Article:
European growth investor Jolt Capital has reopened its fourth fund – which initially closed on €271 million in 2021 – to investors and added an additional €100 million in commitments to provide “even greater support to the outperforming companies already in the portfolio”, the firm said.
The fund is two and a half years into a four-year investment period and has deployed around 40 percent of its capital. It plans to add a further six investments in the remaining 18 months of the investment period.
Of the €100 million in new capital, €60 million came from the fund’s existing investors, managing partner of Jolt Jean Schmitt, told New Private Markets. The remaining €40 million came from four new LPs, including a sovereign wealth fund and some family offices, he said.
It is an unusual move for a private equity fund to open up to new investors once it has begun deploying capital.
New investors bought into the existing assets at cost and will participate in the fund on an equal basis with the original investors. Fund LPs voted to reopen the fund around nine months ago, said Schmitt. The appeal for existing investors was that the fund would be able to participate more fully in follow-on funding rounds for top-performing portfolio companies, rather than relying heavily on outside investors, which dilute their holdings and hold back their returns, said Schmitt: “We have companies trading really well and can now support them on a longer run.”
Running the fund extension process was also “a way to test the water” for the next fundraise, said Schmitt. The speed of it “validated that we are pretty much alone” in backing European deep tech growth business, said Schmitt, who believes that institutional investors are now starting to recognise the importance of investing heavily into European tech companies. “[Investing in European deep tech] is critical for sovereignty. It is also critical, not just because of returns, but because we are seeding and nurturing an ecosystem in Europe.”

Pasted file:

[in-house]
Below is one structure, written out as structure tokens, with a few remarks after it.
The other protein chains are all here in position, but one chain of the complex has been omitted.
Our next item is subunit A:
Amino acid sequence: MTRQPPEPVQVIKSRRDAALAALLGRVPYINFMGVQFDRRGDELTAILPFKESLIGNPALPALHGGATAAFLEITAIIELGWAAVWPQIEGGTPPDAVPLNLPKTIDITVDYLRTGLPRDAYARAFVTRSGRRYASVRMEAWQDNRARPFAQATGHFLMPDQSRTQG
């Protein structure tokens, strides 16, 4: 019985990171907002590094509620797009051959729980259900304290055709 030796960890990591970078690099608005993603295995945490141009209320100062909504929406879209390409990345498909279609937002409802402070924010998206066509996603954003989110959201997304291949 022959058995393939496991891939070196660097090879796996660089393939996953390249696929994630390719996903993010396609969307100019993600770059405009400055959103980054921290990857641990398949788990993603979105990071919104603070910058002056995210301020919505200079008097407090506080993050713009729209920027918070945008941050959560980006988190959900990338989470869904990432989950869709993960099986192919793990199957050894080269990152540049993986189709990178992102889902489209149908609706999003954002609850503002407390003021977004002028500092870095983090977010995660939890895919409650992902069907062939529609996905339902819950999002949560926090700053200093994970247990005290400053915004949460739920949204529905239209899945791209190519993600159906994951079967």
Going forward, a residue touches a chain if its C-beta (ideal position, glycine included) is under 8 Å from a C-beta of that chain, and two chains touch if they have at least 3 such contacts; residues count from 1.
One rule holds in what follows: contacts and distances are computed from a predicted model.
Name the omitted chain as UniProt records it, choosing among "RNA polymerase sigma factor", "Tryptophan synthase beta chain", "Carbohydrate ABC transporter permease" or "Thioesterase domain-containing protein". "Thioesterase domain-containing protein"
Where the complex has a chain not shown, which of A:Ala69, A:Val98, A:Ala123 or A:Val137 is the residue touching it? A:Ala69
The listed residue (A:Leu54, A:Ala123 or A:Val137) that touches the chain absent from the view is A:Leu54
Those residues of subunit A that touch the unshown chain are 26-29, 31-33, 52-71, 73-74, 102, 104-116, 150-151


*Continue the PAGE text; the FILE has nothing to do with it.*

That validation has contributed to an ambitious target for Fund V, which the firm plans to start raising next year, of between €750 million and €1 billion.
“Today we don’t finance European growth companies properly in any sector,” Schmitt told New Private Markets. “Europe is a cheap shop for intellectual property. We want to turn it into a luxury shop.”
A recent investment example is Microoled, a French business designing and manufacturing microdisplays: tiny, low-voltage displays that are integrated into, for example, glasses. Jolt led a €21 million funding round in July this year alongside BPI France and two existing investors, Cipio Partners and Ventech.
Jolt is notable for using an artificial intelligence programme, Ninja, to source deal leads for its human partners. Ninja has now been gathering and processing data for eight years and is the source the firm’s entire dealflow.
Fund IV is an Article 9 fund under EU sustainable finance rules, meaning it has sustainability as an investment objective and commits to the highest level of reporting on its impact. It aims to avoid 500,000 tonnes of CO2 over the life of the fund “by the products, data or services sold” by its portfolio companies, according to its SFDR disclosure statement.
Jolt also plans to add a fifth office to its network in 2024 in Munich. It is already located in Paris, Lausanne, Copenhagen and Milan.